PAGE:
states" from S0 through S5. I highly recommend his text to any other PC
users who also lack hardware knowledge. Fred supplements his own
explanations of these states by providing links to authoritative sources of
additional information, such as the Advanced Configuration and Power
Interface Consortium, at:

http://www.acpi.info/index.html


Microsoft's ACPI pages, at:


http://www.microsoft.com/whdc/default.mspx


and Intel's ACPI pages, at:


http://www.intel.com/technology/iapc/acpi/


He also provides some old Google Web search-response sets which still look
good now.

These are Fred's comments about S1 through S3, which Bob I mentioned. I'll
also add some of Fred's comments about S4, which is the full "hibernation"
state

+++++++++++

....S1 is the simplest energy-saving state, often used in older systems whose
drivers or hardware won't behave well with more sophisticated levels of
power management. A system at the S1 power level simply shuts down the hard
drive(s) and monitor, but leaves everything else running normally. Different
vendors call S1 by different names, but sleep or standby are perhaps the
most common.

S2 offers greater power savings because it not only powers down the monitor
and drives, it also cuts power to the CPU and its cache. Confusingly, this
level also is sometimes called sleep or standby.

S3 is a deeper power-savings mode that shuts down almost everything except
for the barest trickle of power needed to keep the contents of RAM from
fading away and to listen for a wake-up action. In a way, you can think of
S3 as a "suspend to RAM" state. In fact, many vendors do refer to S3 as
"suspend" mode, but others (alas) may call it standby, sleep, instant on, on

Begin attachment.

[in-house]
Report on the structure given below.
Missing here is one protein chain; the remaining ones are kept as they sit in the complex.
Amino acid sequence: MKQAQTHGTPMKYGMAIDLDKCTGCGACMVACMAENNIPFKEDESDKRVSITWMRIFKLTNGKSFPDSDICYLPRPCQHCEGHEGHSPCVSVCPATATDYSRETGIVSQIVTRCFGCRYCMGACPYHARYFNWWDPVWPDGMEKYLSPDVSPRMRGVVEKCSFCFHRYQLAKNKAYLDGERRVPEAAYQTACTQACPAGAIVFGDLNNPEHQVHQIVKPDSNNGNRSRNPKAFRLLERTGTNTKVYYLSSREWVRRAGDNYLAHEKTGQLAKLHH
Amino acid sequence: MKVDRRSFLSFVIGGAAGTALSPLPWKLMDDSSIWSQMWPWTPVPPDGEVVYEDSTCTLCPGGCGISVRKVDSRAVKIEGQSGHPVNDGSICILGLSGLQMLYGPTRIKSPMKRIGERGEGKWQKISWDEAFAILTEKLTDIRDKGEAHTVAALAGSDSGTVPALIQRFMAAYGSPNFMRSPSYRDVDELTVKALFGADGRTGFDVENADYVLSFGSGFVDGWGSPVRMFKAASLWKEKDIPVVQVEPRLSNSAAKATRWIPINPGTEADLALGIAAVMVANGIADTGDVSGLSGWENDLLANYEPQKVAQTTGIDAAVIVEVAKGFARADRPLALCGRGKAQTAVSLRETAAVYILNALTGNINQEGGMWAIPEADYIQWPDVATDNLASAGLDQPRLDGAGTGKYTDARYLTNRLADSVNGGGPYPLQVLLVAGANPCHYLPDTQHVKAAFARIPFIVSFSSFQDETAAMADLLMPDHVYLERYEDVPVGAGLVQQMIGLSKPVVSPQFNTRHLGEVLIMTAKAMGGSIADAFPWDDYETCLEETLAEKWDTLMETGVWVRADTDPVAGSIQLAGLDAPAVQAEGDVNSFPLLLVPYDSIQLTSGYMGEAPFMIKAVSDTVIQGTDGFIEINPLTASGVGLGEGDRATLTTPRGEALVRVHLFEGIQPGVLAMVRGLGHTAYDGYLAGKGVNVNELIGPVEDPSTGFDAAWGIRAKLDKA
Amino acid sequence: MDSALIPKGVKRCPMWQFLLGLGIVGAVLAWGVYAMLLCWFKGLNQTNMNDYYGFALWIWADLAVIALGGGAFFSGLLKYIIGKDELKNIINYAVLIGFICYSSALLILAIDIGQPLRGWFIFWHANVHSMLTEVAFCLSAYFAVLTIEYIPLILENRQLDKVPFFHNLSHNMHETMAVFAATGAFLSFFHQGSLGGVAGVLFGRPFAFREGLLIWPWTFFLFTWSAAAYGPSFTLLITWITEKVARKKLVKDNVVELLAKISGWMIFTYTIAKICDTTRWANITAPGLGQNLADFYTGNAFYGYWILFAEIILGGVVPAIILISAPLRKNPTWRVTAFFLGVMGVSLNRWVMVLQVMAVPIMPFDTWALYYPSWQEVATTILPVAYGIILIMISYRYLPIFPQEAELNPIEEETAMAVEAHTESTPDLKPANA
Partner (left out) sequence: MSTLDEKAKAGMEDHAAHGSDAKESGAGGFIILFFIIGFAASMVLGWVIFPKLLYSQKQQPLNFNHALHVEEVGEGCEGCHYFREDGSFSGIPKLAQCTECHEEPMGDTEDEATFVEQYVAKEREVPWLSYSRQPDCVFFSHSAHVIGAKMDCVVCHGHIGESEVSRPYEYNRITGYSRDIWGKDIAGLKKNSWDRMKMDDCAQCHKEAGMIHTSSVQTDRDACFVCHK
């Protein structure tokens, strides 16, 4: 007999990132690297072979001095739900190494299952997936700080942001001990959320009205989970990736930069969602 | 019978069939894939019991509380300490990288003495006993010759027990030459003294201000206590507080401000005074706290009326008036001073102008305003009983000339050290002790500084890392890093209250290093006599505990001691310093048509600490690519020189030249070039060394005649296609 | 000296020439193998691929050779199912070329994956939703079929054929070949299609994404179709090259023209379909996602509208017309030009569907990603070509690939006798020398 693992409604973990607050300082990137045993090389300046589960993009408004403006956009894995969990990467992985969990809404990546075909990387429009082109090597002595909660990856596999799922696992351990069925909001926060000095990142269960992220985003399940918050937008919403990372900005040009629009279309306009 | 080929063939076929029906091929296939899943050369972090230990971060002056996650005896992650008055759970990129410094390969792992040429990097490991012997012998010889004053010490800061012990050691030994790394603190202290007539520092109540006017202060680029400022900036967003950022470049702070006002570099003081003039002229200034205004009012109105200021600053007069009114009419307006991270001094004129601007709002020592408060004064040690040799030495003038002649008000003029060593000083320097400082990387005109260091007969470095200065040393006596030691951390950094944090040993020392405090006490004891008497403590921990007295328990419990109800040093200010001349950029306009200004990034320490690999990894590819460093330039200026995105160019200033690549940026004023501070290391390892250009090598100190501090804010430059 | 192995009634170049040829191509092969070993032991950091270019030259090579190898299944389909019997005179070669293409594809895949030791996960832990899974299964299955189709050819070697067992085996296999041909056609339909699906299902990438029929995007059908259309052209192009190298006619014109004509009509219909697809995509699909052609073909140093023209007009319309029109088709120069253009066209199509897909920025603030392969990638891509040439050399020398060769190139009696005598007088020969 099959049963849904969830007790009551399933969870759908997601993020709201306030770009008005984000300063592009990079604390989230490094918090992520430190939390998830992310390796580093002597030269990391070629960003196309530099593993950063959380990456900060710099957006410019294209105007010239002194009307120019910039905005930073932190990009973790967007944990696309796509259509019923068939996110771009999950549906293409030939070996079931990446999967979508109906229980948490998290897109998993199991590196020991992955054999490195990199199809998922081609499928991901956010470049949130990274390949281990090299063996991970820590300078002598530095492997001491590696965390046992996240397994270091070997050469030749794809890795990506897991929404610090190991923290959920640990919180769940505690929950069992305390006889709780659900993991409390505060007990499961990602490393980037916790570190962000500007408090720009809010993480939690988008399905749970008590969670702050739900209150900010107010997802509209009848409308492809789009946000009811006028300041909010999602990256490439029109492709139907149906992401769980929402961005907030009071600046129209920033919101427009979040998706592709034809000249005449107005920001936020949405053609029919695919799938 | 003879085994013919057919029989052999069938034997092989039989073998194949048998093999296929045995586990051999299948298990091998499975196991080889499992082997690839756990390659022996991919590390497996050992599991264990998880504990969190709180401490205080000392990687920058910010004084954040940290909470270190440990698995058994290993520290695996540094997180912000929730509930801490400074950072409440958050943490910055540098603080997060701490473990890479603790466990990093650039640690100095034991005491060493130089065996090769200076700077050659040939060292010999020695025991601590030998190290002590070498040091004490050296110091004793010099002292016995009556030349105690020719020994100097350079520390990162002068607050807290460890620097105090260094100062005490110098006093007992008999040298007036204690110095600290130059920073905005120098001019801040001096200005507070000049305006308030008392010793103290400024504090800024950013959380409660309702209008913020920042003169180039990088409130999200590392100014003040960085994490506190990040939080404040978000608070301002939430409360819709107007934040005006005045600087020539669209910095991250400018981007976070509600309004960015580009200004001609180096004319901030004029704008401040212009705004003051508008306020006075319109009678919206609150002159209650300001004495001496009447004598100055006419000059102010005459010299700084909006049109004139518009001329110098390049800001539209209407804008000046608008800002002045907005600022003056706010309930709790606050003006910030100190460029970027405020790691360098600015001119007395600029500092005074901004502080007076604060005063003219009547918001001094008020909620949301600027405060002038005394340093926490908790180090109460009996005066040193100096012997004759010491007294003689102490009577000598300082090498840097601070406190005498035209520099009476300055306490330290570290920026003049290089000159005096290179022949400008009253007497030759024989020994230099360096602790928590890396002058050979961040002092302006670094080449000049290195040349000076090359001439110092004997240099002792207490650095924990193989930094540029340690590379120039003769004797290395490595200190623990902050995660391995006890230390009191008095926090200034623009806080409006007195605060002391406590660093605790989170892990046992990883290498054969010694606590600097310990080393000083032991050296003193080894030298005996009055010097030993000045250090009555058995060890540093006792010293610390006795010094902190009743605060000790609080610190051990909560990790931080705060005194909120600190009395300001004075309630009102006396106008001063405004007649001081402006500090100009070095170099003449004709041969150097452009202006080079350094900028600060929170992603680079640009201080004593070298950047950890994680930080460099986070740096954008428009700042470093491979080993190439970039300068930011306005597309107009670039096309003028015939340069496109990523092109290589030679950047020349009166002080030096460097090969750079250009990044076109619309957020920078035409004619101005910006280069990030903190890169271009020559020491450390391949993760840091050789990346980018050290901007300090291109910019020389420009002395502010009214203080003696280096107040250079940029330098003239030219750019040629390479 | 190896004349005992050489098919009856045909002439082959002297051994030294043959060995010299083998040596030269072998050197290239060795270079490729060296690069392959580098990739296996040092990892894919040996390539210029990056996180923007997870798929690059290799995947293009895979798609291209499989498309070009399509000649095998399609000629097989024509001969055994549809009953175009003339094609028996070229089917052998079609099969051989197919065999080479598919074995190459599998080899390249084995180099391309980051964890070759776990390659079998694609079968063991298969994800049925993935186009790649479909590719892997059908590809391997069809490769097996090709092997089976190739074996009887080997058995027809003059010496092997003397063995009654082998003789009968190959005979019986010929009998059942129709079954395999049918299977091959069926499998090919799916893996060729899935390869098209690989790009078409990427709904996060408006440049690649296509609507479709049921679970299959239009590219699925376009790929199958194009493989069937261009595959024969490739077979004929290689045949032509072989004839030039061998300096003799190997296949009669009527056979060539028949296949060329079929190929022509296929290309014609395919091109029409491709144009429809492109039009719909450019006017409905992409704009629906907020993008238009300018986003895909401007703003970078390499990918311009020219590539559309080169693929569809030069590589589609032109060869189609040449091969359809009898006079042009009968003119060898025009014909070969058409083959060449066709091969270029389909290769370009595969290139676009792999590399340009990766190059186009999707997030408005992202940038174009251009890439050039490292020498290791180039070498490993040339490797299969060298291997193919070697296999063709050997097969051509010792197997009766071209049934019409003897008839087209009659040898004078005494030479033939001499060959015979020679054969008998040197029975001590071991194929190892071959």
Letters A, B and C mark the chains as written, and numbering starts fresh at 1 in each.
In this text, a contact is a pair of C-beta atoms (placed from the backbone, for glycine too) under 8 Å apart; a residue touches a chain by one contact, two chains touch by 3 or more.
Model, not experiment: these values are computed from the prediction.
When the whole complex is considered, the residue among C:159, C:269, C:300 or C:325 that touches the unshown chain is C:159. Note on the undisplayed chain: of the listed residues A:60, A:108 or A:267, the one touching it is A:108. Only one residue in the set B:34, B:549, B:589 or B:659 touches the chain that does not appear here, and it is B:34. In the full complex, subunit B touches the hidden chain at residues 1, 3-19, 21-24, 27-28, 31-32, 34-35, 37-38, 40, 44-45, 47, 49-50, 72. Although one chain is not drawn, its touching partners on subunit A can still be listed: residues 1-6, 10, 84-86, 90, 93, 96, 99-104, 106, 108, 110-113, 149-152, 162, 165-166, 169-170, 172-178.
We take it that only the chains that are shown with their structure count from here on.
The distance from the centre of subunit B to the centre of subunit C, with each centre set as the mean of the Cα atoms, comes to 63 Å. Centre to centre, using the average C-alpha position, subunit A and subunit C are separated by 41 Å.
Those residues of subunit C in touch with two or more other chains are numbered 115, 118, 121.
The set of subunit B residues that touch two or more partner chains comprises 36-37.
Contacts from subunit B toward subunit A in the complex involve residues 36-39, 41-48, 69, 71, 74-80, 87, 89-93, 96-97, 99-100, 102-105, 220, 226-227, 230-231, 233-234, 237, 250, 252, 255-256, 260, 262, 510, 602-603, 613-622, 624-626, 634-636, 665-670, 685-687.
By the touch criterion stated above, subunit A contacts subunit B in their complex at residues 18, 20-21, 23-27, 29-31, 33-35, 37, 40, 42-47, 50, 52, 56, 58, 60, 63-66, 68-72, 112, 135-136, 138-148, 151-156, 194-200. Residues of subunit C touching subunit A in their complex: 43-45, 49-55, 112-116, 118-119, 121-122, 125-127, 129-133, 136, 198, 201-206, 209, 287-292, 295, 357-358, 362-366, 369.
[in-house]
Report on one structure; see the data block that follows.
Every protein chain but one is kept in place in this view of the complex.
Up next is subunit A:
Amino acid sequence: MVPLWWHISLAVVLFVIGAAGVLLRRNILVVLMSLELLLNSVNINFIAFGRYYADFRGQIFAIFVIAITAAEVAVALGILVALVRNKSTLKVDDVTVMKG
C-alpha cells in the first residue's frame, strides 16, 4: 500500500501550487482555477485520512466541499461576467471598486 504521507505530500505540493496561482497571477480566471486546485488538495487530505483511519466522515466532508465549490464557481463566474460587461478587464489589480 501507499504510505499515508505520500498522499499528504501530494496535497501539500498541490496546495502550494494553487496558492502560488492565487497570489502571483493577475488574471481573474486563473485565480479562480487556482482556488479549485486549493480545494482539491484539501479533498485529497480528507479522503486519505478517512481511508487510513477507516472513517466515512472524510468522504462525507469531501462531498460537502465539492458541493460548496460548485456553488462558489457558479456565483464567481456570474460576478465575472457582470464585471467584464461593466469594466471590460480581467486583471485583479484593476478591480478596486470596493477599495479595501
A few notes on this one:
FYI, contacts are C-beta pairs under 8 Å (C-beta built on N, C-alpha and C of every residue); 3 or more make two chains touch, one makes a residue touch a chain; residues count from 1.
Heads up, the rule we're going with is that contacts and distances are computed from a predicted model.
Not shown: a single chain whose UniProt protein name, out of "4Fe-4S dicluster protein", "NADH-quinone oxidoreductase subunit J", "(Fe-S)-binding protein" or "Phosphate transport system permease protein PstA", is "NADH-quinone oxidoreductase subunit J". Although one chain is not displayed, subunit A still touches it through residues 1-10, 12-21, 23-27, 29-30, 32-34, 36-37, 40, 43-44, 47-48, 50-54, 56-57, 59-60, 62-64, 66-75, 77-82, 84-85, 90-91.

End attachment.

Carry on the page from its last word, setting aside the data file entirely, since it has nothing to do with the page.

now, and the like.

Note that, although states S1, S2, and S3 all save energy compared with a
full-on PC, they still need at least a trickle of electricity to enable the
PC to watch for a wake-up event, and to preserve the contents of RAM. That's
a key point: If your PC loses power while it's in mode S1, S2, or S3, any
information held in RAM--for example, open and unsaved documents or
files--will be lost or damaged.

Level S4 is fundamentally different from levels S1 to S3. It's hibernation,
where the system stops all activity, just as if you had shut it off. But S4
is also different from the simple power-off of level S5 because, before
powering down, the S4 hibernation system writes the contents of RAM and some
CPU settings to a special file on your hard drive (often called something
like "hiberfil.sys"). Because the PC is truly off--drawing NO power--it
can't watch for a key press or mouse movement to wake up; you usually have
to hit the power switch to bring the system out of hibernation. But when the
PC awakens from hibernation, it doesn't have to go through a full reboot.
Instead, it reads the contents of the hibernation file back into memory, and
thus restores itself to the exact same condition it was in when hibernation
started. Although this takes longer than waking from a sleep or standby or
suspend mode, it's usually much faster than a full boot. Plus, because the
PC is truly off during hibernation, there's nothing live in RAM, so a power
failure will have no effect on the system because all the normally volatile
information in the system is safely stored in the hibernation file on your
hard drive...

+++++++++++


Jeff Hook, NJ, USA
 
P

Pavel A.

The "restart instead of resume" issue can be caused by many
reasons - from purely hardware (mobo or PSU glitches) to
buggy BIOS or drivers.
Unfortunately it's hard to tell without some debugging.